Charney said that conversations with the town officials and planners and Balter expanded from the idea of using the two floors for 28 affordable units, to taking all four floors of the tower-topped structure for a full residential building. “The town liked the idea of having market rate and town workforce units in the same building. We agreed and are pleased to be working with Wilder Balter to bring this vision to life.
He noted that the housing complements the 91 townhouses, 120,000-square-foot retail area featuring a Whole Foods Market and Life Time Fitness, and the extensive office uses that will all be on the site. “Chappaqua Crossing provides opportunities for employment, access to services and schools and will have shuttle service to the Chappaqua MetroNorth station and the downtown business district,” he said. “It’s taken a very long time to get here, but the end result is a creative blending of reimagined existing space and new space that will be a truly unique property in Westchester with the Cupola building as the beacon for the entire site.”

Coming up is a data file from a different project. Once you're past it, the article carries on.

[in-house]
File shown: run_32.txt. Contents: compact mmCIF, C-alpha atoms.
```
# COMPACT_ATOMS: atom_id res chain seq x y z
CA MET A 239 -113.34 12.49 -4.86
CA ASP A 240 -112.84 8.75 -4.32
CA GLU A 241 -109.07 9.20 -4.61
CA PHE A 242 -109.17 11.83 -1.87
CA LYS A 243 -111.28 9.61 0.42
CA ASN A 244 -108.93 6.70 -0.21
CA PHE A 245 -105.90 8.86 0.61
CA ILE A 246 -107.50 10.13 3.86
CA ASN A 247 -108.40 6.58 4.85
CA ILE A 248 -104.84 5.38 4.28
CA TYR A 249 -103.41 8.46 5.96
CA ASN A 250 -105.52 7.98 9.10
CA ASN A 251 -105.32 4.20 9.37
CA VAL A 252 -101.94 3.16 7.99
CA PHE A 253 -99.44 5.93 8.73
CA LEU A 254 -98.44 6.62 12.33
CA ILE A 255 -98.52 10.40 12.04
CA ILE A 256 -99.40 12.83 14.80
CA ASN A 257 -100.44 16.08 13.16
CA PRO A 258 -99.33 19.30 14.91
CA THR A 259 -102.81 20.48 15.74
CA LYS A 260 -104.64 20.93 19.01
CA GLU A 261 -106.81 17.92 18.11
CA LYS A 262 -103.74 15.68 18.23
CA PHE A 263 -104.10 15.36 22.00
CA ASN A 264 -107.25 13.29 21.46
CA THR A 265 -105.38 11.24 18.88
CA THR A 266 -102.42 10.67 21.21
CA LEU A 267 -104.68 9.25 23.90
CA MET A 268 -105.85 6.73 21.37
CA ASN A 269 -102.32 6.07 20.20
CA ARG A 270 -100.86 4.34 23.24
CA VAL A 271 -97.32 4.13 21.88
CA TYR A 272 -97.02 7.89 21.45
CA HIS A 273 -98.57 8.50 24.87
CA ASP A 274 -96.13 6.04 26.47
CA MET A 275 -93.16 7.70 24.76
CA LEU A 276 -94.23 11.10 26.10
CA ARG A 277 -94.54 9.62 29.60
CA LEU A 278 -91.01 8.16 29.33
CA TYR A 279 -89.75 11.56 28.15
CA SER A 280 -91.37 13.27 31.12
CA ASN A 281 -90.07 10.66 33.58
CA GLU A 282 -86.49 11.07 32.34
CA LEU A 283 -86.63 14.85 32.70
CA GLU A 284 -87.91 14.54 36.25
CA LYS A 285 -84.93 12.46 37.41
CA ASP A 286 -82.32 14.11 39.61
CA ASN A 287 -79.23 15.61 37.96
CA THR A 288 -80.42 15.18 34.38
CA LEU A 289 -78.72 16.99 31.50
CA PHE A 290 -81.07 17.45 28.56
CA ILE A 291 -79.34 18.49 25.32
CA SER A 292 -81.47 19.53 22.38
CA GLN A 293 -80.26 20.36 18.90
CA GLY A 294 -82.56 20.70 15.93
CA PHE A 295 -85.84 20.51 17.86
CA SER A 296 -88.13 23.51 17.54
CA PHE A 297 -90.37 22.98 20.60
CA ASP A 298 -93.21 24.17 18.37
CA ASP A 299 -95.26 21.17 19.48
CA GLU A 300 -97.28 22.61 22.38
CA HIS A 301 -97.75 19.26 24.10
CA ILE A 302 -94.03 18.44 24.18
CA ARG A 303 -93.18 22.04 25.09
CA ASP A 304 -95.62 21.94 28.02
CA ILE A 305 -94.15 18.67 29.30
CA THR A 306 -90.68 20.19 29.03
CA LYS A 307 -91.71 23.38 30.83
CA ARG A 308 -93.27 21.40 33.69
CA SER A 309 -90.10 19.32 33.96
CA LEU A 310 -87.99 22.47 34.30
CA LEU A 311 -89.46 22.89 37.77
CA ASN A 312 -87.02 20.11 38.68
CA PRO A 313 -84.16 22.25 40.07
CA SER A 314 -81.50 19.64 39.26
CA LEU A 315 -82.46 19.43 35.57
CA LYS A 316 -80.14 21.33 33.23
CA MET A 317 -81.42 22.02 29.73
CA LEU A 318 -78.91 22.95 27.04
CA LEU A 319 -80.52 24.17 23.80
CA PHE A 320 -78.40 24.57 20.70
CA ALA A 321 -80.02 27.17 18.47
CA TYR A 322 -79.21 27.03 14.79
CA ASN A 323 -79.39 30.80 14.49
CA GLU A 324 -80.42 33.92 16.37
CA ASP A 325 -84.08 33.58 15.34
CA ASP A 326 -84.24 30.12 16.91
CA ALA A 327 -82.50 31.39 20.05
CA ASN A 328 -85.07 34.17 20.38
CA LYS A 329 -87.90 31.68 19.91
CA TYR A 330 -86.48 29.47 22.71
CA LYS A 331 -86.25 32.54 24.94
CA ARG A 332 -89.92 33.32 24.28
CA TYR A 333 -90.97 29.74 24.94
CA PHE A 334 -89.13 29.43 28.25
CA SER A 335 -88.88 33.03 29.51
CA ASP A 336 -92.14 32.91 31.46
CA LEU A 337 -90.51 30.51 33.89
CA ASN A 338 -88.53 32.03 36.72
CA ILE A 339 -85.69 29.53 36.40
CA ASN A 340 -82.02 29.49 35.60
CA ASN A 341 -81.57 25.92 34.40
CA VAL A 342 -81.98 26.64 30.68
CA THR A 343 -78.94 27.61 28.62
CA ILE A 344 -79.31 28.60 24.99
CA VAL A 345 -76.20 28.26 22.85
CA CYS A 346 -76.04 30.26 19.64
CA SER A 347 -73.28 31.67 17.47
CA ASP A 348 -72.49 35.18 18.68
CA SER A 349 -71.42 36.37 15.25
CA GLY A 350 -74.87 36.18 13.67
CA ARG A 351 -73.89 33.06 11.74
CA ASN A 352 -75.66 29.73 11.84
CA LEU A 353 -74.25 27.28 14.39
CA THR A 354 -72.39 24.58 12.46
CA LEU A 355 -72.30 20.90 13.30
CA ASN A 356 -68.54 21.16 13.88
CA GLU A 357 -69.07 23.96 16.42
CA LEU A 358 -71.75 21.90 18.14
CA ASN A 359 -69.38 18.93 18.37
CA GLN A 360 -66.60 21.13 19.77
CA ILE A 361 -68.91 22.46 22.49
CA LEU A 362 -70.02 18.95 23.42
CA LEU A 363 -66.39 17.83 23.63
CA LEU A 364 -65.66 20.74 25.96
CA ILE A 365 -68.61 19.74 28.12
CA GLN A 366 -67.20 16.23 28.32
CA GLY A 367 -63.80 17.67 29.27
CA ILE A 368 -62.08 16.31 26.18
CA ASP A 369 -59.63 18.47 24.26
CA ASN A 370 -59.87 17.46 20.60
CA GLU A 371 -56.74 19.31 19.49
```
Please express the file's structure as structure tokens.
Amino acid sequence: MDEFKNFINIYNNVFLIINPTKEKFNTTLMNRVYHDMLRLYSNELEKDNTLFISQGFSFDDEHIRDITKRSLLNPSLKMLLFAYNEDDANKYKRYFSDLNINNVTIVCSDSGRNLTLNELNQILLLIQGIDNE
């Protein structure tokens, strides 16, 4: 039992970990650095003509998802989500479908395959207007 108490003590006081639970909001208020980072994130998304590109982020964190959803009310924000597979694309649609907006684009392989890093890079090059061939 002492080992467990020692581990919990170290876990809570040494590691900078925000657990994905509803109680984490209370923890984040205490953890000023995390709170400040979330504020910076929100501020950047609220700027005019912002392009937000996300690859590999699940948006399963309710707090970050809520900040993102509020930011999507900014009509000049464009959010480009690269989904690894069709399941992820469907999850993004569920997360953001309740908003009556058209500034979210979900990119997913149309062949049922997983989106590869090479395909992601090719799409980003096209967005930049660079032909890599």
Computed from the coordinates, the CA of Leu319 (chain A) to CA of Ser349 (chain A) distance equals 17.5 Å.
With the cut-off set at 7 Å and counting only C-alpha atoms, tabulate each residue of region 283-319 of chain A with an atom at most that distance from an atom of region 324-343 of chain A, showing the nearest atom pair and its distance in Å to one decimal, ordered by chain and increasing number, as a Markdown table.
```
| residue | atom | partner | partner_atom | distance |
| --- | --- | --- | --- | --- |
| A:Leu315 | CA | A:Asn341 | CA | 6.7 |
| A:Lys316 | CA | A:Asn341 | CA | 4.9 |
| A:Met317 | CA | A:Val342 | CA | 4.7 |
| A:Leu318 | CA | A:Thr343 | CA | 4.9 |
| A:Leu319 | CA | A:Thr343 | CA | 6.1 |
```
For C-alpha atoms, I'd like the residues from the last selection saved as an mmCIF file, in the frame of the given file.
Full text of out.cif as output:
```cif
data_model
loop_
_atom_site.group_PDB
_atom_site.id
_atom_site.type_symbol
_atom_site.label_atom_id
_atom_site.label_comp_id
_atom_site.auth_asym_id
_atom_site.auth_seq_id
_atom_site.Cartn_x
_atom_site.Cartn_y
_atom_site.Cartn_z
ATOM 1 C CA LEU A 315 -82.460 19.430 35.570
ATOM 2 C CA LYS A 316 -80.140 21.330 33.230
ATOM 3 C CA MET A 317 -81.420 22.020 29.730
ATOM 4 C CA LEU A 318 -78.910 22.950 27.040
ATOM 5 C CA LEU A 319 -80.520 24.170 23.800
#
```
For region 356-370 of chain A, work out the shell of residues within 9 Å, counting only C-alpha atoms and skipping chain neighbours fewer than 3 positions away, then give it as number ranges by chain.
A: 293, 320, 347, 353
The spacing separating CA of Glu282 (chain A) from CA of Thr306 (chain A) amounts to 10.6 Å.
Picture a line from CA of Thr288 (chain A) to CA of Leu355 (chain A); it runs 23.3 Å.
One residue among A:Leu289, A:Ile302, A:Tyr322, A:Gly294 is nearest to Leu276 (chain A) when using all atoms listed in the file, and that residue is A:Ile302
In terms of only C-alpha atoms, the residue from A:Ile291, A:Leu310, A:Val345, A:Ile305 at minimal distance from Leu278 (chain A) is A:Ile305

Balter noted that the Georgian style chosen by Reader’s Digest founders Dewitt and Lila Acheson Wallace created an architecturally beautiful building. “The quality of the building we have to work with will result in a truly unique adaptive re-use.
He added, “The investment in high-quality materials and the attention to detail that was given by the Wallaces in building the Readers Digest executive offices, are something we just don’t see anymore. Frankly, even 75 years ago this level of quality was unusual, and fortunately it has been extremely well maintained. It’s a special building that deserves a special approach. We are thrilled to have the opportunity to be working with it.”
Balter said that his company has undertaken a number of renovations and adaptive re-use developments over the years. “For example, we created housing in the historically significant former Orange County Infirmary in Goshen that turned out beautifully. “But this project is in a league of its own because of the way that the scale and grace of the building provides such a terrific canvas to create beautiful living spaces and common elements for our residents to enjoy,” he said.